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RE: Anti-spam email links in Javascript

for

From: Karl Groves
Date: Apr 10, 2004 5:33PM


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Karl L. Groves

-----Original Message-----
From: Smith-White, Shermainne [mailto: <EMAIL REMOVED> ]
Sent: Saturday, April 10, 2004 6:16 PM
To: <EMAIL REMOVED>
Subject: RE: Anti-spam email links in Javascript



Please unsubcribe my e-mail, <EMAIL REMOVED>



-----Original Message-----
From: John Foliot - WATS.ca [mailto: <EMAIL REMOVED> ]
Sent: Fri 4/9/2004 11:04 AM
To: <EMAIL REMOVED>
Cc:
Subject: RE: Anti-spam email links in Javascript

> It's not a matter of subjective evaluations. It simply isn't. It could
be
> an improvement to have a form as an _alternative_, but _replacing_ an
> email address with a form would reduce accessibility, no matter how
good
> the form is (most forms on the Web are awful, with their stamp-side
> textareas and with their reset buttons). Think about a user who knows
how
> to use an E-mail program but cannot use a form interface, since only
his
> E-mail program contains the assistive technology he needs.
>

I beg your pardon? You're saying that a form is *less* accessible than
an
email address? How can that be?

As pointed out (within this thread), users who may be accessing your
content
through a public terminal, or who's user agent does not have (or
support) an
email client, cannot contact the site owners through a simple mailto:
link.

A properly developed form, on the other hand, is just more HTML, and
users
of AT who can access your page content should be able to access your
form as
well. Now, it's true that many (most?) developers don't know how to do
forms correctly - no argument there - but to suggest that an email link
is
more accessible than a form, is, IMHO false. Jukka, I'll meet you half
way
(they are equal), but cannot accept your statement as written.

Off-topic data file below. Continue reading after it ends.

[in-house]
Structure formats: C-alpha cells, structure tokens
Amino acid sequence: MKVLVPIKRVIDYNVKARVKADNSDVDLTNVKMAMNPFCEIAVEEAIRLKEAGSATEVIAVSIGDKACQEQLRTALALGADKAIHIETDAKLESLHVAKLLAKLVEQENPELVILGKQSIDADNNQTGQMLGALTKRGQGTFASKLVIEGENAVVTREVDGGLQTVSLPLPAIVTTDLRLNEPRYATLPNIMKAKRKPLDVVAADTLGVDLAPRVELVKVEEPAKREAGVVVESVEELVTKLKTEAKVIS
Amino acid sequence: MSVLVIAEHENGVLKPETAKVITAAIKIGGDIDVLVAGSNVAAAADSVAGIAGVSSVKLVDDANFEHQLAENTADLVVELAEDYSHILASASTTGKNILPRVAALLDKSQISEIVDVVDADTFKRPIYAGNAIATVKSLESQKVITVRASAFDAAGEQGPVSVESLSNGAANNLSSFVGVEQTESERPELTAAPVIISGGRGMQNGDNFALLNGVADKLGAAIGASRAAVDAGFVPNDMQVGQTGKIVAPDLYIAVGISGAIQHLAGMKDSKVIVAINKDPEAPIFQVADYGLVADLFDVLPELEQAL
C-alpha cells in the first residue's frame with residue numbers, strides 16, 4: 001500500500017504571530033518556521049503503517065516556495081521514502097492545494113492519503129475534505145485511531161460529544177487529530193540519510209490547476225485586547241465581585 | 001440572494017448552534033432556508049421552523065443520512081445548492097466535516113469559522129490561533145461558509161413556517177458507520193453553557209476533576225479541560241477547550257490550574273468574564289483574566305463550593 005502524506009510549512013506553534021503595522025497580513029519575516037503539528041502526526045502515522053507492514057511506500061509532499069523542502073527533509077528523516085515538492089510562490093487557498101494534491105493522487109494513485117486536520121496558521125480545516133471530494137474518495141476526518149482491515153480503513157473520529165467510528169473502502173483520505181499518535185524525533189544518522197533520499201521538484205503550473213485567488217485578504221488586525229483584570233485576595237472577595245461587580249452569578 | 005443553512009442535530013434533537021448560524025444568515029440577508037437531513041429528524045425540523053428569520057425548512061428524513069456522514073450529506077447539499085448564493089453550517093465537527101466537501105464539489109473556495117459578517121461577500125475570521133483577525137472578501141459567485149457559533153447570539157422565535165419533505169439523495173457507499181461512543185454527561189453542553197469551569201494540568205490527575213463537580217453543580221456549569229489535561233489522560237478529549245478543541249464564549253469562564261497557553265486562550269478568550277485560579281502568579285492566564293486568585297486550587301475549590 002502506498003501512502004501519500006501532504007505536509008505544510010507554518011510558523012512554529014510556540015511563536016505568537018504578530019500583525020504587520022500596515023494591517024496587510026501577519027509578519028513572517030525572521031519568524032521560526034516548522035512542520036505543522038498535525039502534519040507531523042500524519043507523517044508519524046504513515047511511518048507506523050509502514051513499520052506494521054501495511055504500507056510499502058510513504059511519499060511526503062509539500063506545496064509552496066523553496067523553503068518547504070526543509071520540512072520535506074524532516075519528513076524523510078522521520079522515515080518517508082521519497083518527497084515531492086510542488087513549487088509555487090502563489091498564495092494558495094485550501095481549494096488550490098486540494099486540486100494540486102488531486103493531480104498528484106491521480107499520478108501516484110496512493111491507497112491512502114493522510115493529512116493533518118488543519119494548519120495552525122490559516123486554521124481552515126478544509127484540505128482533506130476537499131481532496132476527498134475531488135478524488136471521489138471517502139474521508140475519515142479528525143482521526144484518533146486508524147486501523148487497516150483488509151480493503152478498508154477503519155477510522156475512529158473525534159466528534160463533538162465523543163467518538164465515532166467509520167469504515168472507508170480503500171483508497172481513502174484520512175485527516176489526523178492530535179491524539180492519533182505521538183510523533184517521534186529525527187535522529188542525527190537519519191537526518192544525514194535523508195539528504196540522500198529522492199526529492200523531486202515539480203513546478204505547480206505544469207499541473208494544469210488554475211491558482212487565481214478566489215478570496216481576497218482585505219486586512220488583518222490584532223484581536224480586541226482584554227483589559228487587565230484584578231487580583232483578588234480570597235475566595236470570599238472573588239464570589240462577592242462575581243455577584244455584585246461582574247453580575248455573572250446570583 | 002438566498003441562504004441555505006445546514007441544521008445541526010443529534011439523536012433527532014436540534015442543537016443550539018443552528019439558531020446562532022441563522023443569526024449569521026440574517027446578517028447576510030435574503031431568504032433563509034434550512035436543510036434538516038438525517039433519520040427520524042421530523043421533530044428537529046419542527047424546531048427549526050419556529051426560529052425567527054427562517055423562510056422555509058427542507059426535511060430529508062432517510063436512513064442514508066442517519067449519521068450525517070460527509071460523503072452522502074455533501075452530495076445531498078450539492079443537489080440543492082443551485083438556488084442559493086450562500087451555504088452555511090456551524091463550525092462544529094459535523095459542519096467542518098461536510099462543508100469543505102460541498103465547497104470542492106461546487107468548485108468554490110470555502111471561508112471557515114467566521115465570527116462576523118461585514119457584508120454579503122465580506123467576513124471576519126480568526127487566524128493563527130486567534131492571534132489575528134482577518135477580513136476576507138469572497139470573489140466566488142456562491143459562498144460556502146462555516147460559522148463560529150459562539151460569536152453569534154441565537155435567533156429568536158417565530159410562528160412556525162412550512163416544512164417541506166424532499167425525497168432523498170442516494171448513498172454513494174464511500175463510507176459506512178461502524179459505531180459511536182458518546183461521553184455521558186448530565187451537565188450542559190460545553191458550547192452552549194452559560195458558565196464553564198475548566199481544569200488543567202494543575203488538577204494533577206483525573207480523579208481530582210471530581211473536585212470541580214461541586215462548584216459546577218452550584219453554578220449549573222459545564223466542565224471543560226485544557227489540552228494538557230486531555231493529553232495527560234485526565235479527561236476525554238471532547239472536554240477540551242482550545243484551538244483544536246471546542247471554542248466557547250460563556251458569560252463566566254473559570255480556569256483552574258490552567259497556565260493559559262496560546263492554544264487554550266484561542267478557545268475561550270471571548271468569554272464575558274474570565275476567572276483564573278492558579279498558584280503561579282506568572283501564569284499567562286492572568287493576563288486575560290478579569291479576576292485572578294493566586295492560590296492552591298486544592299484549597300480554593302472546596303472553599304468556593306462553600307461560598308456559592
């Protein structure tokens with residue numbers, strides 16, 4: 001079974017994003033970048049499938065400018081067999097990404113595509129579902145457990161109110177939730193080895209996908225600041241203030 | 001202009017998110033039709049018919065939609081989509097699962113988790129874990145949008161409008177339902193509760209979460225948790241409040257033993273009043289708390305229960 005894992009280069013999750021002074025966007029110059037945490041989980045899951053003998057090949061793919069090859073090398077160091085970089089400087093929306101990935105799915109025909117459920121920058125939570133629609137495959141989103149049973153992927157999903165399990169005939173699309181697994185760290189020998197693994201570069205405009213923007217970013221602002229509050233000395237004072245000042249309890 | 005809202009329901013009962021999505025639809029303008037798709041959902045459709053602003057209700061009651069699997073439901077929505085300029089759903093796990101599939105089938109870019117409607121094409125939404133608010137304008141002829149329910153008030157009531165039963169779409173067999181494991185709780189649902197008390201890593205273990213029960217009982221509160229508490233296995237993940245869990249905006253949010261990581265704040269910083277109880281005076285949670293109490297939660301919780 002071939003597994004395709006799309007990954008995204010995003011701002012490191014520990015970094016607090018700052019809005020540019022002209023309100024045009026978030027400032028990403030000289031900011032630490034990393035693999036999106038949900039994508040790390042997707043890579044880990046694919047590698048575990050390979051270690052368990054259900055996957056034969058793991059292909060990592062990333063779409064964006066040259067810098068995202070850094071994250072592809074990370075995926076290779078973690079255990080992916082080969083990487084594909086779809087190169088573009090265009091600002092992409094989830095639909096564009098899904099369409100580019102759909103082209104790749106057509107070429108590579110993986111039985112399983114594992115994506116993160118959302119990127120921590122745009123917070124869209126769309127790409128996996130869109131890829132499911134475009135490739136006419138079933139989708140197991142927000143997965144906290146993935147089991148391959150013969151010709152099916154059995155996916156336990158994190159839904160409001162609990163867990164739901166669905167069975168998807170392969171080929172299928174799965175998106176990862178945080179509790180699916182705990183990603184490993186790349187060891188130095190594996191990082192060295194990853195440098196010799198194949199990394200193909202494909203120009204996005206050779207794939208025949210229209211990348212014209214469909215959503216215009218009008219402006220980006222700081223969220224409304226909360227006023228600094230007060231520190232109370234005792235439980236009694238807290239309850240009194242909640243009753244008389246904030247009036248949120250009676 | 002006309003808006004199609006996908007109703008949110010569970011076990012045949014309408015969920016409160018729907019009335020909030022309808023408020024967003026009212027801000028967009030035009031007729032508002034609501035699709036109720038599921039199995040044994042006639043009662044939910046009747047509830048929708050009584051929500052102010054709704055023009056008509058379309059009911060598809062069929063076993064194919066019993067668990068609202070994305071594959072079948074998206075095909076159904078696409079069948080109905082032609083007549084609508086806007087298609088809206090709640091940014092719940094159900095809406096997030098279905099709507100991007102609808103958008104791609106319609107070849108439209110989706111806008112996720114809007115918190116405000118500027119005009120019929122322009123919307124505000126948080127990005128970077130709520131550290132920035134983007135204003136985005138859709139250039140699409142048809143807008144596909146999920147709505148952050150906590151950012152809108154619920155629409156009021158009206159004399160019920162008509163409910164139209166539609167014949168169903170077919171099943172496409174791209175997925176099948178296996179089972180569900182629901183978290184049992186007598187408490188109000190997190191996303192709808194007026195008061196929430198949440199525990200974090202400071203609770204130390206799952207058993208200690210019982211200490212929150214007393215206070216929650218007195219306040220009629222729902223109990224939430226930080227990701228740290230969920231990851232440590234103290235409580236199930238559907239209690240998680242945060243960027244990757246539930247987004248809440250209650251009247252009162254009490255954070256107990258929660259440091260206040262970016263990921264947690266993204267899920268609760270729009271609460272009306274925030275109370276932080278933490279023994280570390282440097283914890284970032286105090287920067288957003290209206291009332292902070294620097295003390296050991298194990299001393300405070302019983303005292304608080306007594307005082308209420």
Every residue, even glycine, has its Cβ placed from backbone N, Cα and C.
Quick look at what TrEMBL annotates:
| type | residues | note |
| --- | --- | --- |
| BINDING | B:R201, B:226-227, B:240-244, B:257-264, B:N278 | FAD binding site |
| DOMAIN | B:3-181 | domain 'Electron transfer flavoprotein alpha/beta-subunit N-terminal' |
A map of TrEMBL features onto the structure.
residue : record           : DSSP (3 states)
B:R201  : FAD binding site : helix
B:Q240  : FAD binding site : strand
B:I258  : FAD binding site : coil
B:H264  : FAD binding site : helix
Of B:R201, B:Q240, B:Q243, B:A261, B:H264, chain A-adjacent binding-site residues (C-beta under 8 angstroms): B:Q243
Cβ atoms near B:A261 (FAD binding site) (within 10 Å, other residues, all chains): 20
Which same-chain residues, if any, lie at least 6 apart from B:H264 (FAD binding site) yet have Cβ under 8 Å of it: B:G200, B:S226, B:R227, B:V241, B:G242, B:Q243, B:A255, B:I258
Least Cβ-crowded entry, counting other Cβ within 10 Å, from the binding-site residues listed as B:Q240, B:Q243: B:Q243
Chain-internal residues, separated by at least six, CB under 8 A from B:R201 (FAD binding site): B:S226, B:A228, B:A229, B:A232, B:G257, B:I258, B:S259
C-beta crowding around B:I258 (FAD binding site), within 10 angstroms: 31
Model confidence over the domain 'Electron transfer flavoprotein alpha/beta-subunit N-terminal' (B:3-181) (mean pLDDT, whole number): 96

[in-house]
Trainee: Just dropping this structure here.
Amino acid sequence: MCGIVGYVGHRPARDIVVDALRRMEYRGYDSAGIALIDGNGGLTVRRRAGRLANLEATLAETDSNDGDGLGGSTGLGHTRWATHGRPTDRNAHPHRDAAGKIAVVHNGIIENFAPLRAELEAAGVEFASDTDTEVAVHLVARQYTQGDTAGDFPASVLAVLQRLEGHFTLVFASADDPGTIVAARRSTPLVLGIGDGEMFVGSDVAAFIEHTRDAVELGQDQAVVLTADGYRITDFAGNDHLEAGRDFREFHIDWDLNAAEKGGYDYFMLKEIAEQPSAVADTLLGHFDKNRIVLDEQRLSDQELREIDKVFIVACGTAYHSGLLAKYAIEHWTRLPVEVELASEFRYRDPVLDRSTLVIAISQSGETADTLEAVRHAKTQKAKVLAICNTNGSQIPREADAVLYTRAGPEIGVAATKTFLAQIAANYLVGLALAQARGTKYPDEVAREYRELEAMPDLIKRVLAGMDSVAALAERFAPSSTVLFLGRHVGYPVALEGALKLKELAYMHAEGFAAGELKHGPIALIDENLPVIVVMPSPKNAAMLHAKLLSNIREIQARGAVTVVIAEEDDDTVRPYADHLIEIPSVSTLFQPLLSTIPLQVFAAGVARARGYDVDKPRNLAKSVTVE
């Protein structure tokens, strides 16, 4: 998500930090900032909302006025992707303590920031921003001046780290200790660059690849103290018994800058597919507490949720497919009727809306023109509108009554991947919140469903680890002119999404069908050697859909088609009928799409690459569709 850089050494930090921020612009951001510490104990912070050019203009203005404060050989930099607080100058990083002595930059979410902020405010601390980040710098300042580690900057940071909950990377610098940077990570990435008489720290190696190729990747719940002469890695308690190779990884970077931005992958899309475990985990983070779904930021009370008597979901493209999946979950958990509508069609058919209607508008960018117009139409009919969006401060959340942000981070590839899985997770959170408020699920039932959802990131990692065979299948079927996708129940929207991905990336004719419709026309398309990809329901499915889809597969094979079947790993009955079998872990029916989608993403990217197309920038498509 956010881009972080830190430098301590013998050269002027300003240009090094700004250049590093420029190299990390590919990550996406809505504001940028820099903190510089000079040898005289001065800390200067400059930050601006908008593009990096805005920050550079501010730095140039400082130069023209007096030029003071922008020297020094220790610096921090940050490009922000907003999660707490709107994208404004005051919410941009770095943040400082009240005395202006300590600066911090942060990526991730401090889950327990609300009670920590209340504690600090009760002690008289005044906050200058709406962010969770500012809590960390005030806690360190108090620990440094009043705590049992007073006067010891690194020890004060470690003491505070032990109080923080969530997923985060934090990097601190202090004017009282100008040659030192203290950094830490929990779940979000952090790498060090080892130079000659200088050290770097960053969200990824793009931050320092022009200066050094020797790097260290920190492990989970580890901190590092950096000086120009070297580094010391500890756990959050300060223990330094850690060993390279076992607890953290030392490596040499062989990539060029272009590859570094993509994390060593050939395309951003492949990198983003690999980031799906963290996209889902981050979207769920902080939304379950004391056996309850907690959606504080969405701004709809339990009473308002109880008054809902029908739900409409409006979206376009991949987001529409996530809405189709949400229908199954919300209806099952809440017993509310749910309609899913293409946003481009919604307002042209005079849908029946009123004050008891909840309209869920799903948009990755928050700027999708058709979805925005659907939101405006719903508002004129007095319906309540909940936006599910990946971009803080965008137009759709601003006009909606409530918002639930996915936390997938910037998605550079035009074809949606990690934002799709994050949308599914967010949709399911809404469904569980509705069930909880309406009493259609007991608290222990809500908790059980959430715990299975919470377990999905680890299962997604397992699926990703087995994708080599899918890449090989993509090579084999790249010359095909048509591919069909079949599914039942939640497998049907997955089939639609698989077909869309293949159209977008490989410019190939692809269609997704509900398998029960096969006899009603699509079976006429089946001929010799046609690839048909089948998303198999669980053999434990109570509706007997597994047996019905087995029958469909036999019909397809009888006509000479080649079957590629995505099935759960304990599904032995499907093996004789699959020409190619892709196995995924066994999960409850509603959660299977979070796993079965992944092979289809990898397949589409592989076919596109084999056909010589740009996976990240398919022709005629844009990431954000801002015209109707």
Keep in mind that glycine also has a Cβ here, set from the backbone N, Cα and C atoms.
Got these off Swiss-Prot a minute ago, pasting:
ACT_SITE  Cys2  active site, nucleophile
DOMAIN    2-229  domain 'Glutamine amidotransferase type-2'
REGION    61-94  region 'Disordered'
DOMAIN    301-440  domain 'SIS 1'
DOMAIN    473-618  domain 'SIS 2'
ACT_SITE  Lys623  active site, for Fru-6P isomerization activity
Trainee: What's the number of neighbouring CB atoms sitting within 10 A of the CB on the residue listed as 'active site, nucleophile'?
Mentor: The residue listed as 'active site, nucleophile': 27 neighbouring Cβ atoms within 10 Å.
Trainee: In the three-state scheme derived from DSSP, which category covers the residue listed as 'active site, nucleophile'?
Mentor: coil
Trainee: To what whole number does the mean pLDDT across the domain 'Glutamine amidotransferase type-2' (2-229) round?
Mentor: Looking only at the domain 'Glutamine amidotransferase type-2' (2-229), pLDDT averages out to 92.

Advantages to forms:
- properly done, can be navigated through quickly, even more so
when coded
with the < fieldset> and < legend> attributes. These attributes also
group
similar or like informational concepts, in accordance with WAI Priority
2 -
12.3 "Divide large blocks of information into more manageable groups
where
natural and appropriate."

- *most* form scripts also allow for immediate feedback to the
sender; a
"Thank you we have received your note" type response page. This type of
positive re-enforcement aids those with cognitive disabilities (it
confirms
to them that they were successful), as well as enhances general
usability
(because just about everyone wants to know they have been successful
when
submitting requests, information, etc.) Developers can even echo back
tracking numbers, etc., again aiding in usability, as well as enhancing
client confidence.

- all functionality is server side as opposed to client side -
this topic
could encompass a whole other discussion, but consider: WAI Priority 1 -
6.3
"Ensure that pages are usable when scripts, applets, or other
programmatic
objects are turned off or not supported. If this is not possible,
provide
equivalent information on an alternative accessible page." One *could*
stretch the interpretation of "programatic object" to encompass an email
client - a stretch for sure, but not unfeasible. If you do not have
access
to an email client, you cannot contact the web site - period.

- as noted within this thread, using forms reduces the need to
publicly
post an email address, thus reducing spam (which *HAS* to be a good
thing!!!)

- using a form helps the submitter to succinctly deliver their
message, as
you are "helping them" by asking the leading questions. What is your
name?
what is your email address? what is your comment? does it pertain to
any of
the pre-determined topics? (this also helps site admins who generally
receive this type of information, as the subject line can be
pre-determined,
allowing the recipients to filter and sort their correspondence from the
site)

- having a feedback form on an HTML document also allows
developers to
directly link to any privacy policy the site owners may adhere to
(whereas a
simple email has no assurances of any privacy protection). In this day
and
age, with digital privacy becoming more and more important, this too is
an
advantage (although outside the realm of accessibility).

Just my $0.02 (or roughly $0.03 Canadian)

JF
--
John Foliot <EMAIL REMOVED>
Web Accessibility Specialist / Co-founder of WATS.ca
Web Accessibility Testing and Services
http:/